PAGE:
The historical relationship between India and the Netherlands goes back as far as the 17th Century, originating with the presence and trading activities of the Dutch East India Company (VOC).
At the beginning of the 17th century, the Portuguese were the biggest rivals to VOC supremacy in Asian maritime trade, and had already established themselves at ports around the Indian coast. The first Dutchman to arrive in India was Jan Huygen van Linschoten (1563-1611), when he was working as a secretary to the Portuguese Archbishop of Goa, gaining him access to secret maps of the spice routes. Van Linschoten wrote down his experiences in Itinerario, which then opened up India to the Dutch, thanks to his inside information.
The VOC began establishing trading posts at various locations in India, including Bengal, Bihar, Orissa, and especially along the Malabar Coast to trade in pepper and cardamom, as well as the eastern area for indigo. The VOC sailors and merchants voyaged to and from the Indonesian archipelago to gather these spices to trade in Europe and Asia.
Once the VOC also acquired a number of Portuguese assets, primarily forts, the company was able to operate along the Coromandel Coast, trading textiles, raw silk and opium. This area, known for its cotton production, became an asset to the Dutch ambitions, as cotton was an essential commodity within inter-Asian trading.
Following the abolition of the Slave Trade, the Dutch needed labour for the plantations in Suriname. They began recruiting contract labourers in India, and the first 399 Indians to sail over arrived on the 5th June 1873. In total around 34,000 Indians made the journey to Suriname. Many decided to return to their homeland following the expiration of their contracts, however a large portion of these labourers remained in Suriname to make a life here. When Suriname became independant in 1975, many Surinamese of Indian descent once again made a journey across the waters, to settle in the Netherlands. Therefore the heritage of migration is a central factor in the history and heritage of Dutch-Indian-Surinamese pasts, and is a focal point for bilateral heritage cooperation.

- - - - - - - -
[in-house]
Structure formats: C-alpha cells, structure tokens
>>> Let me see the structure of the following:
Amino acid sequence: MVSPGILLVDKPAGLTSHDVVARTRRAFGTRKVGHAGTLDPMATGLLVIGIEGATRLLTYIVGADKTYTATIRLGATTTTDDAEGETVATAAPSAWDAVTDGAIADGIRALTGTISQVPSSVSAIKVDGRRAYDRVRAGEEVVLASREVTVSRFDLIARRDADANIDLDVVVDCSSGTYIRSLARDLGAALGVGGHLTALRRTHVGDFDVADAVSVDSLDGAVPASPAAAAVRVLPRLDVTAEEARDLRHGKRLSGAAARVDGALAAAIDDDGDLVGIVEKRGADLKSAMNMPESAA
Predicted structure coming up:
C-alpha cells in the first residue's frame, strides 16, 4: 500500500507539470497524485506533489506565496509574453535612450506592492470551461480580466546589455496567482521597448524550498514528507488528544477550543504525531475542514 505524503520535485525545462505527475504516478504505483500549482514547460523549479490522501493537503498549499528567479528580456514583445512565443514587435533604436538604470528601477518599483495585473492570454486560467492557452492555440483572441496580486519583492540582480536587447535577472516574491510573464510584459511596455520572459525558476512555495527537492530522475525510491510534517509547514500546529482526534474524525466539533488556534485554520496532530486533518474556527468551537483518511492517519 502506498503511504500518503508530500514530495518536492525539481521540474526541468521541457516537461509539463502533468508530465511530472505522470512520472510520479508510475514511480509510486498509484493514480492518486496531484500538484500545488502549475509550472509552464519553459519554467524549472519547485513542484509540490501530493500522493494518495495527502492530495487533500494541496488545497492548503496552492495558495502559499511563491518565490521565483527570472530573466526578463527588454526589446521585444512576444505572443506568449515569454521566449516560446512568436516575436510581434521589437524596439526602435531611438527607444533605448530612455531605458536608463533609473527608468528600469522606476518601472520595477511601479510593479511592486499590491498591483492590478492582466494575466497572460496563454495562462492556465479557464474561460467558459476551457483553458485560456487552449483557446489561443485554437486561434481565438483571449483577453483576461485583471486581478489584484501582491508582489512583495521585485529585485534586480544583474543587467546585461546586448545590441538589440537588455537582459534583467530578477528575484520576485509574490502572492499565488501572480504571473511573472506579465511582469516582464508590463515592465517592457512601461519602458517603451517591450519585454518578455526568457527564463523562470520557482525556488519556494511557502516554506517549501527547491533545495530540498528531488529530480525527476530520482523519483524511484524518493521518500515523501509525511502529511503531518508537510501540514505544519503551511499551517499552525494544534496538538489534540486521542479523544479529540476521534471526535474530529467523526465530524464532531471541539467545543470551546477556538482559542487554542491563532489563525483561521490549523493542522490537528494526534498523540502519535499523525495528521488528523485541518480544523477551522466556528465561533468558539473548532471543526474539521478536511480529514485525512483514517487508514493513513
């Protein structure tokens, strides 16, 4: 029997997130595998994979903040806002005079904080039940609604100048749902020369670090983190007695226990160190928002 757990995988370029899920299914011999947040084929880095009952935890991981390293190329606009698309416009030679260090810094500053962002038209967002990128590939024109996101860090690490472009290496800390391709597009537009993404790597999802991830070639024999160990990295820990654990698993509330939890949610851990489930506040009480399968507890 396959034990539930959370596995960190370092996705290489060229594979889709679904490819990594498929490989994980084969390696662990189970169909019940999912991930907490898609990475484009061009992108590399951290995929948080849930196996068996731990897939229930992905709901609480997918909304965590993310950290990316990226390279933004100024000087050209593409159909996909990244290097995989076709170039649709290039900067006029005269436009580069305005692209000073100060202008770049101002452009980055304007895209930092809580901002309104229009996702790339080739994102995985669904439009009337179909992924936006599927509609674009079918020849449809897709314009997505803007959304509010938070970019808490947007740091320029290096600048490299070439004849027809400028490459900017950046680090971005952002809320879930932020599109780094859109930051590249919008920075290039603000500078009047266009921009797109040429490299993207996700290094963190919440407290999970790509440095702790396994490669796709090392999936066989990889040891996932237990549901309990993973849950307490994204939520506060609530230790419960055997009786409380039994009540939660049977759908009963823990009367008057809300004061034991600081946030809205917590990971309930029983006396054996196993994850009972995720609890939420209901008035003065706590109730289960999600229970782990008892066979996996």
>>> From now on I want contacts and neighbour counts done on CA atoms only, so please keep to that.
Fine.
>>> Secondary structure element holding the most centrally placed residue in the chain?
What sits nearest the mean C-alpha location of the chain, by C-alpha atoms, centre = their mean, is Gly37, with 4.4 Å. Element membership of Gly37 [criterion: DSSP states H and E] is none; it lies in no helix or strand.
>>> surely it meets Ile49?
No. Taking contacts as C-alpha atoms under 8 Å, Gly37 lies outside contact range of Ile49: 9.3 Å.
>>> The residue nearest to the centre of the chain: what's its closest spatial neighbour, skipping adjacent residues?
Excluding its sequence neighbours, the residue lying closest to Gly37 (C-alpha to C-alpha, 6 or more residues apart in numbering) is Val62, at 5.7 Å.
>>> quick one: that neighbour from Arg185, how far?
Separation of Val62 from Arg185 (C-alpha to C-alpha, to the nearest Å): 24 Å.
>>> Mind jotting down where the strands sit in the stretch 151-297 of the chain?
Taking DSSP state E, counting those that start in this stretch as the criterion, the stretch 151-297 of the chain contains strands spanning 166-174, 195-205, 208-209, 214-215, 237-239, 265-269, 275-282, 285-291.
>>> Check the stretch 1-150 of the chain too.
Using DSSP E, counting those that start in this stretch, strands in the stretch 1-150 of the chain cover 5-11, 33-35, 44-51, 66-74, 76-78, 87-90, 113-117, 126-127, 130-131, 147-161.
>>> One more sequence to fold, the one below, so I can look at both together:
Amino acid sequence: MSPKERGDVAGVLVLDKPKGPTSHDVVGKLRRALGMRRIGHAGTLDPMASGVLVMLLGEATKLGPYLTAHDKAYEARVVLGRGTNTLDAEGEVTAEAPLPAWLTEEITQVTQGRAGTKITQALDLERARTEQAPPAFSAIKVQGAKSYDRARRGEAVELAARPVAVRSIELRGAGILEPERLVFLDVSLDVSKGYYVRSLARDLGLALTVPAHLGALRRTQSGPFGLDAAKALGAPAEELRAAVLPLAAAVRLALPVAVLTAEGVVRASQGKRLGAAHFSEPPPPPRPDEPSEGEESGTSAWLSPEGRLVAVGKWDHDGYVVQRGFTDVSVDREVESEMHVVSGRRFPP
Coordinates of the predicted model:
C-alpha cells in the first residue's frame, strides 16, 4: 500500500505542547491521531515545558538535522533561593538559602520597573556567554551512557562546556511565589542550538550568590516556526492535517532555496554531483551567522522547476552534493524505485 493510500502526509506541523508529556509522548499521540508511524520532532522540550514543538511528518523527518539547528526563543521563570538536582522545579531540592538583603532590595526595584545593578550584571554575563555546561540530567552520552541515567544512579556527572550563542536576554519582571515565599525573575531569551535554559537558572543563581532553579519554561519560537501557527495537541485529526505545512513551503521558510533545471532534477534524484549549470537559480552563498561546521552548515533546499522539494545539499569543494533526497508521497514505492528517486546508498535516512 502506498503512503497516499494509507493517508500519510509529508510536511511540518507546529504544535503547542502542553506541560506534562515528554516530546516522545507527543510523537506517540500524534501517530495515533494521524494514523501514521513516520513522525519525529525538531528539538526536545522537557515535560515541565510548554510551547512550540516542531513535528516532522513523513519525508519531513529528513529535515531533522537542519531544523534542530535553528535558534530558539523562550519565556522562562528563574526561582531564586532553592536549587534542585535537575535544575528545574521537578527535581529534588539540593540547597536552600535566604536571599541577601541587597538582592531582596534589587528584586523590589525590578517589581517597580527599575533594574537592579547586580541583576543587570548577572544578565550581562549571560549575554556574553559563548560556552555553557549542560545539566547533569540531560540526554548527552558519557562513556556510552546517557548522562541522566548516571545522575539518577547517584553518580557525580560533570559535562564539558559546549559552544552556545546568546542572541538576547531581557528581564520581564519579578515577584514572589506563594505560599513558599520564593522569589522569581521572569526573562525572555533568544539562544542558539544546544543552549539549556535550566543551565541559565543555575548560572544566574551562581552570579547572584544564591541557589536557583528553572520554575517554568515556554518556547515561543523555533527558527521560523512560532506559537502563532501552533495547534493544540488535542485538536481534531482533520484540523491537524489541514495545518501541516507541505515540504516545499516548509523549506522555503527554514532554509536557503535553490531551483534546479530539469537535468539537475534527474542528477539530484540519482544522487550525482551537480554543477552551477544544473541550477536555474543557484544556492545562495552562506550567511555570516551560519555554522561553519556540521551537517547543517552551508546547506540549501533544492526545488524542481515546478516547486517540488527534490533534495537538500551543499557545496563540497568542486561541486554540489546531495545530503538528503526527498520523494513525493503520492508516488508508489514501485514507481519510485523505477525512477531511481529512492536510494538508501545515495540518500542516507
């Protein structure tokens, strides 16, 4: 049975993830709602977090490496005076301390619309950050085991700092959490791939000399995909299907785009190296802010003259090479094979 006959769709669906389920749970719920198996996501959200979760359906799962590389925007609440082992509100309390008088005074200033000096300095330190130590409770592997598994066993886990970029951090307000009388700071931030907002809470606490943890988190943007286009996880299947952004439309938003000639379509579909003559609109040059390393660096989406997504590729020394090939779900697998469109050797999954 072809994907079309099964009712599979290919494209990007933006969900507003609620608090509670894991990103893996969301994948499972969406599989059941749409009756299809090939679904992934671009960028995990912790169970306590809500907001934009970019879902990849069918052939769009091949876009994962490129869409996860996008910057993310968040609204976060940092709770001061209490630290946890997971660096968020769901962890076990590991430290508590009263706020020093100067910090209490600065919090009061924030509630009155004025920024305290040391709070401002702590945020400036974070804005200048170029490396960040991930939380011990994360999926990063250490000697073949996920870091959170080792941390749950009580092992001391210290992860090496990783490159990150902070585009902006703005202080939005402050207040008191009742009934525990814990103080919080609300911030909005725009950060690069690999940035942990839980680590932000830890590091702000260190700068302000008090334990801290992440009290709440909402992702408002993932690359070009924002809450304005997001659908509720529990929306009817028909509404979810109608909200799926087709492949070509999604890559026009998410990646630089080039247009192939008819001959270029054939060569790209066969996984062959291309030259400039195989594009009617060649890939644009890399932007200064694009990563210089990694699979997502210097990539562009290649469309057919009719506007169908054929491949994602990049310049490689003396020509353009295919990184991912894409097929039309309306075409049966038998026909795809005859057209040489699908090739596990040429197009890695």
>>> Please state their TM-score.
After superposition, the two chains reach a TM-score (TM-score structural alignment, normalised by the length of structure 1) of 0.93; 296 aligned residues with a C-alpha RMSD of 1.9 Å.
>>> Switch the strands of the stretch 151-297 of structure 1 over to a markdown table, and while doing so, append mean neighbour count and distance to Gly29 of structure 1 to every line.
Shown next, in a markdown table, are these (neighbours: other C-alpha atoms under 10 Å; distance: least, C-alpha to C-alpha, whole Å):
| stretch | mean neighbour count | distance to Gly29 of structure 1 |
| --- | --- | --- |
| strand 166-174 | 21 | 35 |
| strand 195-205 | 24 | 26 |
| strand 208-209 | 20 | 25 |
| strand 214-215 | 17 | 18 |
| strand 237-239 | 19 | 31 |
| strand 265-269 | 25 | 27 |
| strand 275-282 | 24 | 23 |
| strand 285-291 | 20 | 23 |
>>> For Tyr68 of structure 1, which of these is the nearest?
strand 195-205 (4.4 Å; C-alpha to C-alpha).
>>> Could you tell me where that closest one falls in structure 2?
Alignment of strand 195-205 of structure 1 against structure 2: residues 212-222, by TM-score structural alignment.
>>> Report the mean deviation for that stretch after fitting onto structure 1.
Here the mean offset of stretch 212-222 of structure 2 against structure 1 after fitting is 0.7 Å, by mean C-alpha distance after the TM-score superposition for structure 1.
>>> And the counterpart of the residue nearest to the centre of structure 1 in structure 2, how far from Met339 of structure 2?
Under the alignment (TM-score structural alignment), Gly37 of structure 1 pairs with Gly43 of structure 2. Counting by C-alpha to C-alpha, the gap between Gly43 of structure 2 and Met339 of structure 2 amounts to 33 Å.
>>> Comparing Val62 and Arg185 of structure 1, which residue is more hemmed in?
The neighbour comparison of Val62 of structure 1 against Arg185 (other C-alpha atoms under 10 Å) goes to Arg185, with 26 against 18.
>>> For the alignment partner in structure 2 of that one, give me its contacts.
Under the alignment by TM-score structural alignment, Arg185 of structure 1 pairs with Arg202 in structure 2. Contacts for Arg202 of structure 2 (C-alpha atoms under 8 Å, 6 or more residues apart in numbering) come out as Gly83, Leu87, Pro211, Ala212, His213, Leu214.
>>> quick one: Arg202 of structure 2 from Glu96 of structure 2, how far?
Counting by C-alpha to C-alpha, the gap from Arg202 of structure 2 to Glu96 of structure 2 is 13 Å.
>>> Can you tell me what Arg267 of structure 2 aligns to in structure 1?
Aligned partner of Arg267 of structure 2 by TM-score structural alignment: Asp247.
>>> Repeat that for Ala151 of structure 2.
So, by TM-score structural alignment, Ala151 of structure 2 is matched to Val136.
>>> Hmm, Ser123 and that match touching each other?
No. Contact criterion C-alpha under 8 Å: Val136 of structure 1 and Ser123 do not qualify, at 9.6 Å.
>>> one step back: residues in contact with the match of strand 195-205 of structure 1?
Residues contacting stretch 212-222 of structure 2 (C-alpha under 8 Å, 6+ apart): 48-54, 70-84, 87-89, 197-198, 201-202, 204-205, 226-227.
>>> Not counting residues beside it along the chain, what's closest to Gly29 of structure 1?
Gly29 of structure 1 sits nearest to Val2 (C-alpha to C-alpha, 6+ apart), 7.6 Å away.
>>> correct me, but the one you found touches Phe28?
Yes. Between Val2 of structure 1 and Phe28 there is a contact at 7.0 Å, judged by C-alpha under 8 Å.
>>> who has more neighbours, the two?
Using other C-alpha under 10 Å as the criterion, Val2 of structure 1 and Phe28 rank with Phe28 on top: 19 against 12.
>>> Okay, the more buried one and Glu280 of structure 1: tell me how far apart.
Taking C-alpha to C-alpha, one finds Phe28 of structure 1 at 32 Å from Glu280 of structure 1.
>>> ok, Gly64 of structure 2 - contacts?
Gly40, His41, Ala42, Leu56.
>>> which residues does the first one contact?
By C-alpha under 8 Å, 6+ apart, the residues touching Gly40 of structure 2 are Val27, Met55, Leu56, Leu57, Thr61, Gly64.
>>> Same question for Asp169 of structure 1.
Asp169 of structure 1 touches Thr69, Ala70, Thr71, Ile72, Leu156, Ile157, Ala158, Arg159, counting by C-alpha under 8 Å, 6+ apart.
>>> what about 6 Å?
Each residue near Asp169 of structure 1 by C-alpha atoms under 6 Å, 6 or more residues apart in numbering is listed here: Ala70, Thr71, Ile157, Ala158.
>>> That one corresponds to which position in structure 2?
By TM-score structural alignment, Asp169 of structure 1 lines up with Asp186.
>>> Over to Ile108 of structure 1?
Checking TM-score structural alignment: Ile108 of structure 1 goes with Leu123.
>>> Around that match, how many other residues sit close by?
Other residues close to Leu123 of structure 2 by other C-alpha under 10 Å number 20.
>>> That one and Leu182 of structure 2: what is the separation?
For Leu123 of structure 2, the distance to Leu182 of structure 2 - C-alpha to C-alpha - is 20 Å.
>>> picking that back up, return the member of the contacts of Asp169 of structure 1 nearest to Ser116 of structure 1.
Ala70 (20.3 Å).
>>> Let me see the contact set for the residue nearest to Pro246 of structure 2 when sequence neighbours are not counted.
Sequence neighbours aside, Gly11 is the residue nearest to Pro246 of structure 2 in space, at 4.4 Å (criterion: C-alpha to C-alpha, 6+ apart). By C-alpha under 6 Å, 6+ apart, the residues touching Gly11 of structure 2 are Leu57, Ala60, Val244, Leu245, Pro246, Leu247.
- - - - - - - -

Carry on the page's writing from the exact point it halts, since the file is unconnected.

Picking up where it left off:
In 1795 the British took possession of the Dutch settlements, and in 1825 all of the Dutch posts and trading territories in India were officially turned over to them. However, there are still many remains attesting to the Dutch presence in India, built heritage such as cemeteries, forts and warehouses as well as artefacts in museum collections and preserved VOC archives. The care for these Dutch monuments comes under the Archaeological Survey of India (ASI), in charge of their maintenance, preservation and restoration.
In recognition of the importance of this joint heritage, India was made a priority country for the Netherlands, to focus upon co-creative and collaborative heritage activities in line with the Dutch Mutual Cultural Heritage Policy.
The heritage activities beween CIE and India have mainly been focused upon; maritime heritage, migration, archiveal resources and exhibitions, under the themes of: